6. David Packard held various leadership roles at HP throughout his illustrious career. He served as the first president of HP between 1947 and 1964. Subsequently, he assumed the roles of chief executive officer and chairman of the board, holding these positions until 1968. In 1969, Packard temporarily departed from HP to serve in the Nixon administration. He returned to HP in 1971 and was re-elected chairman of the board, a position he held from 1972 to 1993. During his tenure, Packard oversaw a significant reorganization of the company. In 1993, David Packard was retired from HP. At the time of his passing in 1996, his ownership stake in the company was valued at more than $1 billion, underscoring his enduring impact on Hewlett-Packard’s success and growth.
  7. When President Nixon of the USA approached David Packard to take up the position of United States Deputy Secretary of Defense, he readily agreed. However, this career move came with a remarkable sacrifice. Despite his substantial success in the business world, Packard’s annual salary was dramatically reduced from about a million dollars to just $30,000 in 1969, reflecting his commitment to public service and national defence.
  8. David Packard was not only a visionary entrepreneur but also an ardent philanthropist who devoted a substantial amount of his time and resources to charitable endeavours. His alma mater, Stanford University, was a major beneficiary of his generosity. Alongside his close friend and business partner, William Hewlett, Packard personally contributed more than $300 million to various causes.
  9. In recognition of his exceptional contributions to the national interests and security of the United States, David Packard received the prestigious Presidential Medal of Freedom in 1988. This esteemed award represents the highest civilian honour in the USA and is bestowed by the President of the United States.
  10. On November 2, 2015, Hewlett-Packard split its PC and Printers business from the enterprise products and services business, resulting in two publicly traded companies – HP Inc. and Hewlett Packard Enterprise.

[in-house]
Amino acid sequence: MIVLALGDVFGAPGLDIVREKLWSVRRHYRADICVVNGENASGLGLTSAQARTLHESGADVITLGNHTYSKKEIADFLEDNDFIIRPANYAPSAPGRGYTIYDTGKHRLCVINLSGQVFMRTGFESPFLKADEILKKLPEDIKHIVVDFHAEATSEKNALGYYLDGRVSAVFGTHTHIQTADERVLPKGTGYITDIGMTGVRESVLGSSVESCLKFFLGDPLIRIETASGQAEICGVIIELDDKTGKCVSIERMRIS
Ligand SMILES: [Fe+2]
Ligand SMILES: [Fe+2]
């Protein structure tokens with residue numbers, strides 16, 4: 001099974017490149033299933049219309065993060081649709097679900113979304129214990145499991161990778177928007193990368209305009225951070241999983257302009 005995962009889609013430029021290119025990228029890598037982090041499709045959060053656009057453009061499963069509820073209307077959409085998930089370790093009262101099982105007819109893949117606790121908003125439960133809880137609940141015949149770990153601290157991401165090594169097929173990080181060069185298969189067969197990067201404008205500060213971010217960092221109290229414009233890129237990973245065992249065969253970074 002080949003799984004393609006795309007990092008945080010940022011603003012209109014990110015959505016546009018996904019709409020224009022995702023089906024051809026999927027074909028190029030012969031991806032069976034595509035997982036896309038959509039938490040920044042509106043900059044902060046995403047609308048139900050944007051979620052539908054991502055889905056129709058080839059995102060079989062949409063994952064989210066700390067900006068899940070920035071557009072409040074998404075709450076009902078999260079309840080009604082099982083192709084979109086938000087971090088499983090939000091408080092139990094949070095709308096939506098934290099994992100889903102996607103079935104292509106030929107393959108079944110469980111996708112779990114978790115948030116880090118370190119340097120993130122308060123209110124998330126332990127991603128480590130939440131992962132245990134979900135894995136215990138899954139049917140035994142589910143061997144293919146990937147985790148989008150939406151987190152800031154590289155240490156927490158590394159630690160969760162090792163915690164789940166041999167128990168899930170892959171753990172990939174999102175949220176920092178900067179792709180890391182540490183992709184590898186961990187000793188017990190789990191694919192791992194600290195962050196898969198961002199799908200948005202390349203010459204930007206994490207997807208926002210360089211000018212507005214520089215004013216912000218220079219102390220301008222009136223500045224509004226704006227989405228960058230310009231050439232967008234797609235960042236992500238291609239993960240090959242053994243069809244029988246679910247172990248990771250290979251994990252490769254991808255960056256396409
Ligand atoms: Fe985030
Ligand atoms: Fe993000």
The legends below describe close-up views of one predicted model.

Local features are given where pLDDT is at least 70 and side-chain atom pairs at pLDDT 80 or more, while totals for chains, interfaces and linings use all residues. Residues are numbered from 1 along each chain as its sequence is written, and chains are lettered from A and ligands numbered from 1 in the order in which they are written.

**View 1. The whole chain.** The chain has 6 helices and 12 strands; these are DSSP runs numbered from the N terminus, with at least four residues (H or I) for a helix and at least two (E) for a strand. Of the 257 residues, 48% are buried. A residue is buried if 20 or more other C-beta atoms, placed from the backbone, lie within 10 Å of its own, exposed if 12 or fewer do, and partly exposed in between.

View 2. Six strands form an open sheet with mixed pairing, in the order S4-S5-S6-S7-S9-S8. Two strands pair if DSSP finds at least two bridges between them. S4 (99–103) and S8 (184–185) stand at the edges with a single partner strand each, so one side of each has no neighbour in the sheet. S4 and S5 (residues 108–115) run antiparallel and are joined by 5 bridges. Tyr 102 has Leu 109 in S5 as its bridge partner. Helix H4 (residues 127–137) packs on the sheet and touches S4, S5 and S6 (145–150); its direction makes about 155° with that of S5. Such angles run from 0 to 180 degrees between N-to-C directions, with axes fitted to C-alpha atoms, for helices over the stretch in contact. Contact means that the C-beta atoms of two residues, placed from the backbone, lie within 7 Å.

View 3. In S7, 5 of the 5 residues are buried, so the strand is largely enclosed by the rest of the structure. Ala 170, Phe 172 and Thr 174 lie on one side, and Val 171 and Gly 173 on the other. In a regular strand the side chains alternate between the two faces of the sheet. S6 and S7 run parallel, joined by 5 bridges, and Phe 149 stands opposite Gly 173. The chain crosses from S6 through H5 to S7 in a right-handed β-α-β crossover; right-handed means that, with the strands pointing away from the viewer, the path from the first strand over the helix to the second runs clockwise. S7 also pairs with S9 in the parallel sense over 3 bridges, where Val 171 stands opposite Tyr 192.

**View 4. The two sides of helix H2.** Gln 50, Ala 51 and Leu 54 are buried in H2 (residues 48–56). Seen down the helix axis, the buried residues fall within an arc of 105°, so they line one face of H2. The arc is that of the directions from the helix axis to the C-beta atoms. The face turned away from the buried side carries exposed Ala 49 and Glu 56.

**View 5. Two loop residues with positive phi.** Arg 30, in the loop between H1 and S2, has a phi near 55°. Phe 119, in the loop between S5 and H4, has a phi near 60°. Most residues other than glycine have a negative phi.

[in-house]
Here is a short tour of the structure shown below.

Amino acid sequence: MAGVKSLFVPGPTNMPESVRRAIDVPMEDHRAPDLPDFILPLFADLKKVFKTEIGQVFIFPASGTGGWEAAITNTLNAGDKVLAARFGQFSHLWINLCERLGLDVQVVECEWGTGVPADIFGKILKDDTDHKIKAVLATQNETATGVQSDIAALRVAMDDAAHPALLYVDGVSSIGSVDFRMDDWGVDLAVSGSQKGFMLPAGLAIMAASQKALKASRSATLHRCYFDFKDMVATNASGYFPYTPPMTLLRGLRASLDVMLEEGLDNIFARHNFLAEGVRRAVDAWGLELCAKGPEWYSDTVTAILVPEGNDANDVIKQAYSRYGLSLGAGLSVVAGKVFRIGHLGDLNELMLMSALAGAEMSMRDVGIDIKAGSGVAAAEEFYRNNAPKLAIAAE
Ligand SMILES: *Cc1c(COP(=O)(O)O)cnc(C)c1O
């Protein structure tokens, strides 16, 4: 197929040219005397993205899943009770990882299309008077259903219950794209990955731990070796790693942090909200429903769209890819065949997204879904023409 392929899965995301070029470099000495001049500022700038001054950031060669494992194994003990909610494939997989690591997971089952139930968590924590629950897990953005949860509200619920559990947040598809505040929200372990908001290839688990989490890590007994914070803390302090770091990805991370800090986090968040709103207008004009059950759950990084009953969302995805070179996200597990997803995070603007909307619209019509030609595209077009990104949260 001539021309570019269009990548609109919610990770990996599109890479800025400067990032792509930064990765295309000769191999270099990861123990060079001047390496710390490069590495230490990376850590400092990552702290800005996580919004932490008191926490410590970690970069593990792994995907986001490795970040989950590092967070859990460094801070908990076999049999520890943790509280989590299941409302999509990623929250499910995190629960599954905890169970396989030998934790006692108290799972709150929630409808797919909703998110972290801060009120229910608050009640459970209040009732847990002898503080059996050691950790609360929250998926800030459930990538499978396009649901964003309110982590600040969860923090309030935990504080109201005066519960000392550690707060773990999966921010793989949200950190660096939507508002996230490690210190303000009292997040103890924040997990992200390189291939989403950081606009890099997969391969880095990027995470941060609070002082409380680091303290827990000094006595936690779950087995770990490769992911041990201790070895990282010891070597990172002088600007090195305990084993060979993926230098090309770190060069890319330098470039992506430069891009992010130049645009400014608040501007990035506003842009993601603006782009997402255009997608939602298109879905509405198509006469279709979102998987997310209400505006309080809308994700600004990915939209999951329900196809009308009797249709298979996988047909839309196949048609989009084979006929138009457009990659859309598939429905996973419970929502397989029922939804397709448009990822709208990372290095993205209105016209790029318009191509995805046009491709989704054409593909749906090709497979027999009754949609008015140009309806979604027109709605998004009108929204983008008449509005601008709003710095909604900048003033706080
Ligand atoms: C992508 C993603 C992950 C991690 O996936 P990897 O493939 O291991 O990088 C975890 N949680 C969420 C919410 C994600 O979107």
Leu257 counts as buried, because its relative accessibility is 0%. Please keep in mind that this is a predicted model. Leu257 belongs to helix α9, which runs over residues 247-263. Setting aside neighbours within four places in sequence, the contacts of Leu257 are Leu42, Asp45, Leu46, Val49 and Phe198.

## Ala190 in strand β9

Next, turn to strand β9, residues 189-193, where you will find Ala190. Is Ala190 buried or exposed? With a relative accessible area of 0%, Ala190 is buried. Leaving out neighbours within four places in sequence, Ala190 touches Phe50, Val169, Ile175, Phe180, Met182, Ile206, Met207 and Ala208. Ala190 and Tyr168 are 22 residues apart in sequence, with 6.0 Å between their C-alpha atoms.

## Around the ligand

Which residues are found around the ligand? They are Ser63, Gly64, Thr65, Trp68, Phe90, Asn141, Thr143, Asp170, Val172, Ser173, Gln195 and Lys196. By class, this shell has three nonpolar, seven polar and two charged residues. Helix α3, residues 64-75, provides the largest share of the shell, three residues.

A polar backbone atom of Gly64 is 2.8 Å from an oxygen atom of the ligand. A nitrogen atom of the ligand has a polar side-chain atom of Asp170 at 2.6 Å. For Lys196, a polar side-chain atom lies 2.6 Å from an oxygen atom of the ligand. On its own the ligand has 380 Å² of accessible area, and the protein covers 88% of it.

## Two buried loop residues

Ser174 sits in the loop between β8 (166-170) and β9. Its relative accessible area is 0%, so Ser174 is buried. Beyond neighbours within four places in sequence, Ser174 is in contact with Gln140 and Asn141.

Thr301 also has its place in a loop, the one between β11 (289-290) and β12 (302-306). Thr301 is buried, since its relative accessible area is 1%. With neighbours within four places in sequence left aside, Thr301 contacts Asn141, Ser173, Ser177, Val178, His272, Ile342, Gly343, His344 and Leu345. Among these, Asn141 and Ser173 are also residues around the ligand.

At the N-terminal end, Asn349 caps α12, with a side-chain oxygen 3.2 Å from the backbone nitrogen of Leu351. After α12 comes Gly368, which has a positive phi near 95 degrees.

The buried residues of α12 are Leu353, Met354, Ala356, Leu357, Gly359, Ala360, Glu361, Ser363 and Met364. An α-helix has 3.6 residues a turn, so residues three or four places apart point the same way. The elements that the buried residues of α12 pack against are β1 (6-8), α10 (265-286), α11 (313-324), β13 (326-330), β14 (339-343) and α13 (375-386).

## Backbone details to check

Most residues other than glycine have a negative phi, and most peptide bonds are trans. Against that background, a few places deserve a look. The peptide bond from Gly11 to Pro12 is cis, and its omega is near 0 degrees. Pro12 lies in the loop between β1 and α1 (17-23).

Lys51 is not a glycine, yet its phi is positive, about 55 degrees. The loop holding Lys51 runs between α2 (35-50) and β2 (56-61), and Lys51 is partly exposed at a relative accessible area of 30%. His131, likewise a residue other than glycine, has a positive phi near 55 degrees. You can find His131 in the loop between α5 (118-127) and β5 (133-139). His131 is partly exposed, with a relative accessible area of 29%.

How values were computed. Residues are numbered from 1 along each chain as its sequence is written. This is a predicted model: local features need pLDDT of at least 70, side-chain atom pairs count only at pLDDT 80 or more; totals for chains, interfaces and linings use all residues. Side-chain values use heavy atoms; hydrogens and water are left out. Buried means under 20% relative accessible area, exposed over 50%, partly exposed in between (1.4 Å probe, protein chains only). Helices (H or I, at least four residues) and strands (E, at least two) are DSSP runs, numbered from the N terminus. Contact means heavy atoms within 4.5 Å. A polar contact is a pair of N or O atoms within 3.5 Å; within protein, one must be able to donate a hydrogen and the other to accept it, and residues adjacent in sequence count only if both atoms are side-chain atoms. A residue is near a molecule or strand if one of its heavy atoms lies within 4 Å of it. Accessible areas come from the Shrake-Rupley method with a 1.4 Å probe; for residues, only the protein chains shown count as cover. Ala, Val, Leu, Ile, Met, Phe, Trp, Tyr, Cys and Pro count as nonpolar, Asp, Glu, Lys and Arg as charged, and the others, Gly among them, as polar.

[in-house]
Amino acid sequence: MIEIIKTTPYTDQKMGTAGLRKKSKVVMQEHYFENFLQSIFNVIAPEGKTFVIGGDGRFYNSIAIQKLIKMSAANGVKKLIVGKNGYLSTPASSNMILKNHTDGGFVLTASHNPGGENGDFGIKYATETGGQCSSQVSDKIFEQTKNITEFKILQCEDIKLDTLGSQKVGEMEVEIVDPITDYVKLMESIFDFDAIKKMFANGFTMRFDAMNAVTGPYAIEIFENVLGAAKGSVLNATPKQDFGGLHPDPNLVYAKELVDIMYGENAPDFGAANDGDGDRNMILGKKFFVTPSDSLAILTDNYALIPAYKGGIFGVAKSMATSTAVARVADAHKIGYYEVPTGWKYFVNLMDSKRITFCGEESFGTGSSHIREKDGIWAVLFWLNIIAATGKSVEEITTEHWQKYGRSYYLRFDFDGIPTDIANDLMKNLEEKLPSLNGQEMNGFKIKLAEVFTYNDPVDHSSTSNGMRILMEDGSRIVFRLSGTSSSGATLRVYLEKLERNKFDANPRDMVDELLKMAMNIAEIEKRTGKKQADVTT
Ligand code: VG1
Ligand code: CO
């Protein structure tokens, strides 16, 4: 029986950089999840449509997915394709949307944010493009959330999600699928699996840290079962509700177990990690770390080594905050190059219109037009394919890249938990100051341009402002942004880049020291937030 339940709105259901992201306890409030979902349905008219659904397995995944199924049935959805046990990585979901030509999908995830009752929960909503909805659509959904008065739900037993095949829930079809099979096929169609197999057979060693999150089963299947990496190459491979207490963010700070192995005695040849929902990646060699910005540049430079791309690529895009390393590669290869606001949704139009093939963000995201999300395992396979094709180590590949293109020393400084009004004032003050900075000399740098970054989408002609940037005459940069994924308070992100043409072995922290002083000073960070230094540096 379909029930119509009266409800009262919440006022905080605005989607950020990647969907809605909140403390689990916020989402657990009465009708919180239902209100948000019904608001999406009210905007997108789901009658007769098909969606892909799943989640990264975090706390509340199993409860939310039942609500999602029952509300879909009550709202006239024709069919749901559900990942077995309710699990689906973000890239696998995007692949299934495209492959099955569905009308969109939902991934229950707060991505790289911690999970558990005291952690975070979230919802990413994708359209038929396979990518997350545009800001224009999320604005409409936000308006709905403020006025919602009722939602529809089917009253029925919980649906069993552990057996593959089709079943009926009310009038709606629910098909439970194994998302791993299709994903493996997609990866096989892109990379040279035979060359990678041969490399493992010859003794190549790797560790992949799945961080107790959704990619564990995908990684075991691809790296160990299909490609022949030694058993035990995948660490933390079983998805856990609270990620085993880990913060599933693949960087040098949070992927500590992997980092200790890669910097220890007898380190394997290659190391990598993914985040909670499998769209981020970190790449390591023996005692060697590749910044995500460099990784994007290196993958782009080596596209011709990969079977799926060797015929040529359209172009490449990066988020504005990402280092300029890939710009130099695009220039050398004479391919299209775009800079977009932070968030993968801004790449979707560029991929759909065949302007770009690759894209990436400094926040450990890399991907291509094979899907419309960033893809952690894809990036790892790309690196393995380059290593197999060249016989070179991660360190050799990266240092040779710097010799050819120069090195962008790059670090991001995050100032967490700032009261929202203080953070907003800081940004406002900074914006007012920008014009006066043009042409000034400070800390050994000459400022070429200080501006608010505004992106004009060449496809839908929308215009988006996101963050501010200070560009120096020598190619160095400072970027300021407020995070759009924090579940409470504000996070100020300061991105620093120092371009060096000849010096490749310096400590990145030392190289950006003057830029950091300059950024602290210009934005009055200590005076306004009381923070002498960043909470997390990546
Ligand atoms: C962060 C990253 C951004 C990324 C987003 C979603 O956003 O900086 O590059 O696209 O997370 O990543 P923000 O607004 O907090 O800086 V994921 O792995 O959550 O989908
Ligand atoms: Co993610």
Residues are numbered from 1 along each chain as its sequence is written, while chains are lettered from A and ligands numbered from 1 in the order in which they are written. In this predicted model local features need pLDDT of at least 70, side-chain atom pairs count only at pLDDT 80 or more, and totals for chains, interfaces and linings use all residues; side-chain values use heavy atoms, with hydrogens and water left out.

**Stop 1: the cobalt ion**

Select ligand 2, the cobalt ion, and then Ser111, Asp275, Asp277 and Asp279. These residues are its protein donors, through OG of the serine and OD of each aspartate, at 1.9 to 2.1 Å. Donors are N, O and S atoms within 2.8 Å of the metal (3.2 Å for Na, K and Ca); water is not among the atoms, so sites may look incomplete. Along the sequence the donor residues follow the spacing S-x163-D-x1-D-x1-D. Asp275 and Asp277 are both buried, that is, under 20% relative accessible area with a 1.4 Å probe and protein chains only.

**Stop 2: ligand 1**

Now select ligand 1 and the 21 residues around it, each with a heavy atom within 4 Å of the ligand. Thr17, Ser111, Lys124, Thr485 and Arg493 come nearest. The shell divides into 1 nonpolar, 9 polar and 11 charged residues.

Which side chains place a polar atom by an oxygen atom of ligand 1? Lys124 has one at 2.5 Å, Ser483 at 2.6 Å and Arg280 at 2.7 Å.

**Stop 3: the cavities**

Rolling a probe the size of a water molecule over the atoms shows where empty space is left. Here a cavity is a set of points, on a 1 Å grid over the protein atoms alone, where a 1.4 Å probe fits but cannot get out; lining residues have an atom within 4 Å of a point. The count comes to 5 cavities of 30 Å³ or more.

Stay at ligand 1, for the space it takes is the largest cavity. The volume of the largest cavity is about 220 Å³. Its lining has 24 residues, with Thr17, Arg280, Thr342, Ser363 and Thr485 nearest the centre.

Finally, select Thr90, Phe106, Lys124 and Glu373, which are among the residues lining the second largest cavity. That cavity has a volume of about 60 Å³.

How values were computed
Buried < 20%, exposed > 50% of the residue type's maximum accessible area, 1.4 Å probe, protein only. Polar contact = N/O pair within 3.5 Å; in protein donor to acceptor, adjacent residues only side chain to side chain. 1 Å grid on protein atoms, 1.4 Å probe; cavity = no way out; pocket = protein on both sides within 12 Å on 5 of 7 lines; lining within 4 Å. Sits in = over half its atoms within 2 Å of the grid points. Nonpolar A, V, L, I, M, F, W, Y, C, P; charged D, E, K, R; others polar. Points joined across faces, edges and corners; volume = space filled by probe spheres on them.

Why are we here? I think many people assume, wrongly, that a company exists solely to make money. Money is an important part of a company’s existence, if the company is any good. But a result is not a cause. We have to go deeper and find the real reason for our being.

David Packard’s contributions to society and the world of technology remain evergreen, leaving an indelible mark that continues to shape our lives. On his birth anniversary, we have the opportunity to reflect on his remarkable legacy and express our gratitude for the enduring impact of his wonderful venture. His vision, innovation, and dedication continue to inspire generations, reminding us of the profound and lasting influence that visionary leaders can have on our world.

The post is a part of a B’day Series where we celebrate the birthday of renowned personalities from Tech Industry, very frequently. The series includes Entrepreneurs, C-level Executives, innovators, or renewed leaders who moved the industry with their exponential skill set and vision. The intent is to highlight the person’s achievements and touch base the little-known, but interesting, part of his life. You can see the list of all earlier celebrated tech personalities, including Mark Zuckerberg, Marissa Mayor, Sean Parker, Andy Rubin, Julian Assange, Sir Richard Branson, and Sergey Brin by following this link or subscribing to your daily newsletter.

To make it more exciting, we suggest you make use of the comment section if you are among the ones celebrating their birthday with today’s featured personality.